The first thing I noticed when I opened Quarto 1 was all the f’s. I wondered why there were f’s where there shouldn’t be f’s and no s’s where there should have been s’s. After a few minutes I finally connected the dots. Oops. I guess this was all printed/written before the lowercase s became what it is now, and before the letter u looked like a u instead of a v. Ahh. Yes, it makes sense now.
The other big thing I noticed is that there are a few spellings of words different from modern times, such as the word poison being spelled “poyson” in Quarto 1. The word Cyprus is the one that really kept bugging me, given my heritage. Obviously I know that Cyprus isn’t even the real way to spell Cyprus but somehow it sounds and looks better than “Cipres” (for the record, the real way is Κύπρος, which phonetically would be more along the lines of Kee-prose or Kypros). Alas, the folio was more accurate in that sense so I can’t complain too much.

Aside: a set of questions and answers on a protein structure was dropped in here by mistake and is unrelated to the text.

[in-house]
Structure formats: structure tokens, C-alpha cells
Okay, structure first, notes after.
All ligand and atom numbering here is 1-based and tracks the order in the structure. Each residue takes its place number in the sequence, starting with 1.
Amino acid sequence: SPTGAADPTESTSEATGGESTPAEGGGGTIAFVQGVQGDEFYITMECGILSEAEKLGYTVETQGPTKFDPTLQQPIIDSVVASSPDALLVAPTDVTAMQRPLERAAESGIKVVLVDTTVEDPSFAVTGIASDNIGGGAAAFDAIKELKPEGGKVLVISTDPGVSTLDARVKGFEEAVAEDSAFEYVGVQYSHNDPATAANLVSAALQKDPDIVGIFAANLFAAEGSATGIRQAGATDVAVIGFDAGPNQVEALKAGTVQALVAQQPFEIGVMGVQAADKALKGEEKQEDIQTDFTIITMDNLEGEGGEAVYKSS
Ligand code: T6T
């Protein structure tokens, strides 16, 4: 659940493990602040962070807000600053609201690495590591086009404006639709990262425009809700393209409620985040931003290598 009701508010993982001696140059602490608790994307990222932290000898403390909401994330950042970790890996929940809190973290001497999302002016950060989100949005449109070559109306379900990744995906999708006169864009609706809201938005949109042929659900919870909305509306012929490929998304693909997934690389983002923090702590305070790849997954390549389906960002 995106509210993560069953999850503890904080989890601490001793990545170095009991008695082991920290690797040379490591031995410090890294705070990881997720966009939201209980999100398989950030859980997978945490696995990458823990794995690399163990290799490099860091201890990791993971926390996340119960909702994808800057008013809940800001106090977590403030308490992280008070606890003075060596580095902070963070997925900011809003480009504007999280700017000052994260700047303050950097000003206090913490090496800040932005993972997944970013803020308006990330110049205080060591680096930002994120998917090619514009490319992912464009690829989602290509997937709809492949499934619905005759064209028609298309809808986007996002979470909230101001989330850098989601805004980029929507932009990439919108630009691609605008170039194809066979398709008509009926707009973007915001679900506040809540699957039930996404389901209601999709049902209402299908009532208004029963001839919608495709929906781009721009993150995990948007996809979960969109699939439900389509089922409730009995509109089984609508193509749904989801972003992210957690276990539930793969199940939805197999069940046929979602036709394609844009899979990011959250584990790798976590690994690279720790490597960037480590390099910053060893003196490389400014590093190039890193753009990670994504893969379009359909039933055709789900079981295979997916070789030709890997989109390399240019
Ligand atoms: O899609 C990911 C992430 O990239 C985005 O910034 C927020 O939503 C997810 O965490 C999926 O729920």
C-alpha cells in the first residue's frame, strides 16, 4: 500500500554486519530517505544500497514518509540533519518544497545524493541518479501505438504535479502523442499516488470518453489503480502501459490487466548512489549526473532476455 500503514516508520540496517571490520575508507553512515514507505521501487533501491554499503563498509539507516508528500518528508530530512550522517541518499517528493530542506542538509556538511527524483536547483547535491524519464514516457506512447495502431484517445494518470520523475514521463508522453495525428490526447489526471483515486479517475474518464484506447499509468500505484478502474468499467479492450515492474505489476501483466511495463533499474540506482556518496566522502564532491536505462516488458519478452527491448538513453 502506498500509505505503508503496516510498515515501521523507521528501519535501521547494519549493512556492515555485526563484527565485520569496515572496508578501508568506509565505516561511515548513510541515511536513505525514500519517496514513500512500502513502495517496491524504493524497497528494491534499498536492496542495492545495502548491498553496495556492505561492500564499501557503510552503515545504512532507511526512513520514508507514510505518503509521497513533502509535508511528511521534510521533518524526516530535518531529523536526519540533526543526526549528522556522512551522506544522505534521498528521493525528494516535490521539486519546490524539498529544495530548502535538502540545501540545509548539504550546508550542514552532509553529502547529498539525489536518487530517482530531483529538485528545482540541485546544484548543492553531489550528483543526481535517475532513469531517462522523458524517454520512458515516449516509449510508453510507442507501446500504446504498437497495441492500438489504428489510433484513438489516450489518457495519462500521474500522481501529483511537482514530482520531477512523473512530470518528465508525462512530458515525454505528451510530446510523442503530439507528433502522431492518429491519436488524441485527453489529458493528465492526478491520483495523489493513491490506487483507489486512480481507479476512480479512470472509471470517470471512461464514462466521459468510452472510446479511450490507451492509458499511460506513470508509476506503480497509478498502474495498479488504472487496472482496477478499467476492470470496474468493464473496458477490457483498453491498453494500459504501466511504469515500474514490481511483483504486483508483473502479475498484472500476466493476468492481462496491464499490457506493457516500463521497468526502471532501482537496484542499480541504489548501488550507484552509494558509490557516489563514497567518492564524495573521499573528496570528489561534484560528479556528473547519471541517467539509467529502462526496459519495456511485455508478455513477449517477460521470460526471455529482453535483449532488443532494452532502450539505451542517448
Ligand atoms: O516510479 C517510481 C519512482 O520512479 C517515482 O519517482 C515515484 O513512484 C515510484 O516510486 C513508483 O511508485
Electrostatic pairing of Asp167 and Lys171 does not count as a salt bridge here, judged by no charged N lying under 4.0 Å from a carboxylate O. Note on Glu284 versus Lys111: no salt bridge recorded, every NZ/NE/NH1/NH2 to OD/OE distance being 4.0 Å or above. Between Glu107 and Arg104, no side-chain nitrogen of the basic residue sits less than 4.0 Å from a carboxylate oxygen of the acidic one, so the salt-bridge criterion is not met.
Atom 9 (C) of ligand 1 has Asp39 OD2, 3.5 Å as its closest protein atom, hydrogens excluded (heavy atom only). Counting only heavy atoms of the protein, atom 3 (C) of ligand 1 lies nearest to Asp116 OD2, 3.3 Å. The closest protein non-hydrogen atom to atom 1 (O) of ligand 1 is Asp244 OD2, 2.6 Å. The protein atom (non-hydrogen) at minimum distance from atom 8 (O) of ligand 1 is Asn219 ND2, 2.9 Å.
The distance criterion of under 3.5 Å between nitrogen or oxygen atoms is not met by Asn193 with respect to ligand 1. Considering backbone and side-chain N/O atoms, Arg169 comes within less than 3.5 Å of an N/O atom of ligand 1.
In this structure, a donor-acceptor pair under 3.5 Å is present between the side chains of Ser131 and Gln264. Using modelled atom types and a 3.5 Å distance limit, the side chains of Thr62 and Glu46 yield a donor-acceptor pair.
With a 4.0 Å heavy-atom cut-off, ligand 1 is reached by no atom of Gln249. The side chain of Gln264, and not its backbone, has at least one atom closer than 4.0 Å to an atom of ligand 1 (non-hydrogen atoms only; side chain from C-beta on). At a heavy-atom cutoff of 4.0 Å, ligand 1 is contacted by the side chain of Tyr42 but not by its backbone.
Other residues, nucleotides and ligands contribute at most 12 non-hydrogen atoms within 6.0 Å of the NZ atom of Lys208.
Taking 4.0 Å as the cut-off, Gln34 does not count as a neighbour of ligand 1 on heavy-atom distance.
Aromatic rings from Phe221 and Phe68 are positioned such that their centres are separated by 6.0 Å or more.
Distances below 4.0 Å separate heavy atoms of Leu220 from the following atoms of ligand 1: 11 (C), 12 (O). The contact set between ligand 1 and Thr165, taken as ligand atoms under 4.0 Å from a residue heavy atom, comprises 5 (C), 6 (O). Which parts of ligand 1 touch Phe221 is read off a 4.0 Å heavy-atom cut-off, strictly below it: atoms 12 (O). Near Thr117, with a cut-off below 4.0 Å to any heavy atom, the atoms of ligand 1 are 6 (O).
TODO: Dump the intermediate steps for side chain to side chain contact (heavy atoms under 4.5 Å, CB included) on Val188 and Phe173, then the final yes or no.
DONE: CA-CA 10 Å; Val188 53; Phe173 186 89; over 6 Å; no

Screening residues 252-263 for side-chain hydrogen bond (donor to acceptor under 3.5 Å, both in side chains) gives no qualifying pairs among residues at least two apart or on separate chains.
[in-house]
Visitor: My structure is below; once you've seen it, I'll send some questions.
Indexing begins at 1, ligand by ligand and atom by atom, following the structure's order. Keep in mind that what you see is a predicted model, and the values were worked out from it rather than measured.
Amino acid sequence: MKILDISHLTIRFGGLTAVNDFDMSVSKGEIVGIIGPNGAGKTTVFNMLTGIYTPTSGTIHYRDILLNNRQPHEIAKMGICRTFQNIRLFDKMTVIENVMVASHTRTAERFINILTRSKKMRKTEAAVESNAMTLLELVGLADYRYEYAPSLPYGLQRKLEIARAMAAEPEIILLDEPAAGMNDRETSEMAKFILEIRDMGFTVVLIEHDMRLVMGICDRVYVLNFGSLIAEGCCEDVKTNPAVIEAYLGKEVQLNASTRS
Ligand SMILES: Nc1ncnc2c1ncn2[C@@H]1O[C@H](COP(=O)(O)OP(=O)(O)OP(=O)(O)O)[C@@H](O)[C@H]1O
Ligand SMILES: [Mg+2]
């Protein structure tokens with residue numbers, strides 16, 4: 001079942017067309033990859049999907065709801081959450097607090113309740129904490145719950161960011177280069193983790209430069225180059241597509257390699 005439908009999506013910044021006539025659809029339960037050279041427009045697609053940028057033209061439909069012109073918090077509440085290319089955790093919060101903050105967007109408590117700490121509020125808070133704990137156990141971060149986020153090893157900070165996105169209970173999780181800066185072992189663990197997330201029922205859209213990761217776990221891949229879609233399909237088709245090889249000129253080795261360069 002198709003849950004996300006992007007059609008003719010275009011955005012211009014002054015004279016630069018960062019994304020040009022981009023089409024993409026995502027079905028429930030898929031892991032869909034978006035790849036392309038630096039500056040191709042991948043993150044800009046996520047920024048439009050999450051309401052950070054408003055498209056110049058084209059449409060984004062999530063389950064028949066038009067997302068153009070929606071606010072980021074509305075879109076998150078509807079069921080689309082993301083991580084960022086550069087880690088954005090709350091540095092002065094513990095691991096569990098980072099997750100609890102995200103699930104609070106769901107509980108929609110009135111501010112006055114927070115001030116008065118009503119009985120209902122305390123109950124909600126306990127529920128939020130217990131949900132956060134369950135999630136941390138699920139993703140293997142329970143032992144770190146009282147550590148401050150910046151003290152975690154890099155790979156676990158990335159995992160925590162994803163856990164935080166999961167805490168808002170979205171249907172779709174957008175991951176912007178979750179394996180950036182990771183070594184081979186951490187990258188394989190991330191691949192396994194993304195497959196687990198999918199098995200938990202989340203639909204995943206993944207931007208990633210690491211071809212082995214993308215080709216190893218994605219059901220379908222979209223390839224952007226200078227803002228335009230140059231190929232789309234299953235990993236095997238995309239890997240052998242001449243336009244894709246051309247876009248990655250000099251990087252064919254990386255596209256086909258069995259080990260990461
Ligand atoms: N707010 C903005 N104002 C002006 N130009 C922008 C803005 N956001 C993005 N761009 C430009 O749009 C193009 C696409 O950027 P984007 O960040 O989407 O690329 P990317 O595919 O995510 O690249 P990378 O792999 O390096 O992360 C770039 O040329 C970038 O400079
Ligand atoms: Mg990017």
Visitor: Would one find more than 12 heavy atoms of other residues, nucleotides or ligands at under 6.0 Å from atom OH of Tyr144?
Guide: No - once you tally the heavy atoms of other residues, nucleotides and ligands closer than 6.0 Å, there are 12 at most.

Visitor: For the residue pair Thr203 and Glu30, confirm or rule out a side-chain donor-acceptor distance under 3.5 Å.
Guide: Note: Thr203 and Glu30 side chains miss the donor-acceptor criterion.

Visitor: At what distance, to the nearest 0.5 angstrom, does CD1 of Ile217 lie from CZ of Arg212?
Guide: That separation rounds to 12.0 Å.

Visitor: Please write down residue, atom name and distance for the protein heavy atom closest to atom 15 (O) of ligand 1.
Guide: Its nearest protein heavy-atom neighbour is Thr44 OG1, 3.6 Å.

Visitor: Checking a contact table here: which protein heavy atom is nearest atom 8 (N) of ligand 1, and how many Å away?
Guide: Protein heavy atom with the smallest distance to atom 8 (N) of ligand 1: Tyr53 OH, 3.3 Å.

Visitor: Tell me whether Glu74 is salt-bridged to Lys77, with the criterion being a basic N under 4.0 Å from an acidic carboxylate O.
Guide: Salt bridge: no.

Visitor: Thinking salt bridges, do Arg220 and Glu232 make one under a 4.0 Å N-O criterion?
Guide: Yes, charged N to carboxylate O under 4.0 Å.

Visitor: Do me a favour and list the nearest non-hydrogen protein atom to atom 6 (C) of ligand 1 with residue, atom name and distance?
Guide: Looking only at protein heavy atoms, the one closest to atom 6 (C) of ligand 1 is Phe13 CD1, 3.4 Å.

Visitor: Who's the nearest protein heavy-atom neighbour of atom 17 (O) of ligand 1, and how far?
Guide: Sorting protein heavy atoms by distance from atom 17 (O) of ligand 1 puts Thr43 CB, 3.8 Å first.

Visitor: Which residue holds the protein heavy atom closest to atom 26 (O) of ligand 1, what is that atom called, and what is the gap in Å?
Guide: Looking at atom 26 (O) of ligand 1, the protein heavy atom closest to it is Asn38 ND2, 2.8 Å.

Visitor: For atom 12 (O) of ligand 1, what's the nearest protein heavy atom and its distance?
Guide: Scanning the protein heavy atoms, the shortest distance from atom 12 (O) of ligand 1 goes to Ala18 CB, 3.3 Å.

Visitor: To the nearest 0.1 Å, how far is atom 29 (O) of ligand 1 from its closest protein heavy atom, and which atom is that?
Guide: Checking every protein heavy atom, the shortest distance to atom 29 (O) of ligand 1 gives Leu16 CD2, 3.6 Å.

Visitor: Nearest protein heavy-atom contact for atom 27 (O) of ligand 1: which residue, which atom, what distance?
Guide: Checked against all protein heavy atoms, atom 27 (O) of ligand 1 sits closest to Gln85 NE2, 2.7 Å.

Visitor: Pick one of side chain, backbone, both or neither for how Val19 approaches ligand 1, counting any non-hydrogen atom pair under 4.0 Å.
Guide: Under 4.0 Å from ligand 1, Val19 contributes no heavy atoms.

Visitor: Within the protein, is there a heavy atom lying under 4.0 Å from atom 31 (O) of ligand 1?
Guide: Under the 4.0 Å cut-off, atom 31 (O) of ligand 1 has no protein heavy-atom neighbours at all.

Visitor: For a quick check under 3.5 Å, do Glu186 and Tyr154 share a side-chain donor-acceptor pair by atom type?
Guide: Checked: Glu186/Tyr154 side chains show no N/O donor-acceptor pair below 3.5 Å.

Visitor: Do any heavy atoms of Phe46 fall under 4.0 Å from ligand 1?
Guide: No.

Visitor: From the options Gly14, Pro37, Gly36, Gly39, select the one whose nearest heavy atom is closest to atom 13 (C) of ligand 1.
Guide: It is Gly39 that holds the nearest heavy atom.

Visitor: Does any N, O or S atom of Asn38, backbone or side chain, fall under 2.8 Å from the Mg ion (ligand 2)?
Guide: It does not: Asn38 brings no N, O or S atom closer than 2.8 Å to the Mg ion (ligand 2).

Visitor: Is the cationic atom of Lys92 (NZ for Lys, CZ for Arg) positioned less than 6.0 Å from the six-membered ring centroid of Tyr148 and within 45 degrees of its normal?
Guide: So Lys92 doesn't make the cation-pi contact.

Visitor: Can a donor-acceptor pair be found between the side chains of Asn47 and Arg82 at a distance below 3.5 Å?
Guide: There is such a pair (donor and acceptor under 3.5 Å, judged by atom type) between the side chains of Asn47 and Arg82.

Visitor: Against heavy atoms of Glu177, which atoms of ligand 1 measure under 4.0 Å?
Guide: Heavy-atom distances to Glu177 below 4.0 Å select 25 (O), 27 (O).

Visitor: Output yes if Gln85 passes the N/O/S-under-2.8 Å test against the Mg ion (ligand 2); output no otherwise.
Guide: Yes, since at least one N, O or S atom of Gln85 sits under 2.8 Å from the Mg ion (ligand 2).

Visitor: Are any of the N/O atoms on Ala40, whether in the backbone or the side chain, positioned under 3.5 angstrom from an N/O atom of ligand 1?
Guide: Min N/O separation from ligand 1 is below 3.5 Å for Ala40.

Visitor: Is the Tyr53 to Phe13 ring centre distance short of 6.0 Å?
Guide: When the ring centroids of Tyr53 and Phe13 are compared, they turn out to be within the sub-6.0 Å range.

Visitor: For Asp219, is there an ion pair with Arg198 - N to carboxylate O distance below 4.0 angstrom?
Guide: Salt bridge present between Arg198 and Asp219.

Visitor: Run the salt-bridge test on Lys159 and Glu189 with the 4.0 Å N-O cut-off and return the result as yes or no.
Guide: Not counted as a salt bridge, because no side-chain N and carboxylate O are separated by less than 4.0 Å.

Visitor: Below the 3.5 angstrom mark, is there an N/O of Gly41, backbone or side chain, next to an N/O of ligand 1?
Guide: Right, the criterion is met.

One thing that caught my eyes was that in both Quarto 1 and the First Folio, the titles of scenes and acts were in what I’m assuming was probably Italian/latin. I guess that gives us a hint at how old school this stuff really is. I can thing of a few reasons why the first word of the next page is written at the bottom of the previous page. Theory #1: this was a play to be read aloud, not to just be sold as a book so when reading this actors needed to be able to know what was coming next or awkward silence would ensue. Theory #2: maybe the iambic pentameter would be screwed up if the actors didn’t know what was about to happen. Theory #3: both.
Shakespeare has become a lot less intimidating to me since we’ve started reading his works, and seeing them in their (mostly) original form reinforces that notion even more. He was just a guy who wrote a lot of plays during his time, and while writing really isn’t exactly considered a lucrative career anymore, there’s still a lot of Shakespeares all around us trying to make it in that difficult field. So here’s to writing, and here’s to the next Shakespeare.